Where do I begin?
When you are incorporating your company, one of the first decisions you have to make is which business structure to use. It is paramount that you understand what different business structures entail and the advantages and disadvantages associated with each kind. In this article, we will analyse the main business structures so that you can make the right decision for your business.
We will be assessing the Sole Proprietorship, Limited Liability Company, and Private Limited Company. We chose to analyse these as entrepreneurs most commonly prefer these three structures.
Without further ado, let us begin.
Sole Proprietorship is the simplest form of business structure in Singapore. It also happens to be the riskiest. We recommend this structure for businesses with a single owner (commonly known as freelancers). Unlike the other two structures, it does not provide liability protection. In other words, your personal assets are tied to the risks of your business. If your business is unable to repay its debts, the responsibility of those debts falls on the owner’s shoulders. Thus, your personal assets can be used to repay them.
Advantages of a sole proprietorship
- Easiest structure to set up (as well as the least expensive)
- You, the owner, have complete control of the business
- You do not share any profit
- Terminating your sole proprietorship is significantly easier and cheaper compared to the other business entities
- You have less compliance requirements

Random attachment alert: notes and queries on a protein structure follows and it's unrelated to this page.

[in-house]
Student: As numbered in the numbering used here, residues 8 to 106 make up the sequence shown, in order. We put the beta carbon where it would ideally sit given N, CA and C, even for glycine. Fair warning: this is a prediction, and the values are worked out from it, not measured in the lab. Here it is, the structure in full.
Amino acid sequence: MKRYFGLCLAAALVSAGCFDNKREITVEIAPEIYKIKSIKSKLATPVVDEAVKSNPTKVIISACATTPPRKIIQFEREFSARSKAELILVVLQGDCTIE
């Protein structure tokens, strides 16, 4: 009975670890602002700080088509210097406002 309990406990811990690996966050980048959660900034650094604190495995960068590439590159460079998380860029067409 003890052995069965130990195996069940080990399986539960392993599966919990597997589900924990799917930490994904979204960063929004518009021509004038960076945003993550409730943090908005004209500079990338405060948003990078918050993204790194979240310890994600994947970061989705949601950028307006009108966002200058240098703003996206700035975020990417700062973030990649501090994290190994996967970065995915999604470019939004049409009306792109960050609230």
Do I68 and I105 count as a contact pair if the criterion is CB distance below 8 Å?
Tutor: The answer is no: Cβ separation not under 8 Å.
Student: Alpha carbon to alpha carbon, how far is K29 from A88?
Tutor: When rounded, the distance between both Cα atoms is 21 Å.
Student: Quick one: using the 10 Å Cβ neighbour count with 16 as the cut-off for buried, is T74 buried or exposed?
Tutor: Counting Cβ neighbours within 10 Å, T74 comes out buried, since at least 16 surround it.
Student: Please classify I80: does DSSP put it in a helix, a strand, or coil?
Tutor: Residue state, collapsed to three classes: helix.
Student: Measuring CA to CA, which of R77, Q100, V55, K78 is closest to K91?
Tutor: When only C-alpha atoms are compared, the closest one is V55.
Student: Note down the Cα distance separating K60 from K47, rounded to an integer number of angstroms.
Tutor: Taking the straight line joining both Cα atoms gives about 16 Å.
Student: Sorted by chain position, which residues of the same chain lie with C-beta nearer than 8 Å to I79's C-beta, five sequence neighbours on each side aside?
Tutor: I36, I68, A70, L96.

Disadvantages of a sole proprietorship
- No liability protection (You are financially and legally responsible for all debts and legal actions)
- No corporate tax benefits (Sole proprietorships adhere to higher personal income tax rates)
- Capital depends on your own personal finances and business profits (It may be harder to expand your business)
- The business dissolves after you retire or die
- More difficult to attract bigger clients who would naturally be looking to work with more advanced business entities
Limited Liability Partnership (LLP)
A LLP is a type of business structure in which two or more partners incorporate an entity separate from themselves. A partner of the Singapore LLP cannot be held personally liable for the wrongful commission or omission of any other partners. Thus, every partner is personally responsible for any liabilities that arise due to his act of commission, omission or negligence. Any claims for liabilities can be made against that partner and his personal assets. However, LLPs protect the innocent partners and their personal assets from the claims on the offending partner. Still, assets under the LLP contributed by all partners can be claimed by any liabilities of any partner.
We recommend this business structure for chartered professionals interested in establishing joint practices, such as accountants or lawyers. The partners must agree upon splitting of profits and business responsibilities. It is a complicated affair and typically requires a lawyer who is responsible for reaching an agreement.
Advantages of a LLP
- Limited personal liability (Partners are not held personally liable for any business debts incurred by the LLP or the wrongful acts of another partner. However, the offending partner is personally liable for any claims from losses resulting from his or her actions)
- Perpetual succession (Any changes in the LLP ownership – resignation or death of its partners – will not result in termination of the business)
- Compliance requirements are more complex than sole proprietorship (but simpler than a private limited company)
Disadvantages of a LLP
- Requires at least 2 partners at all times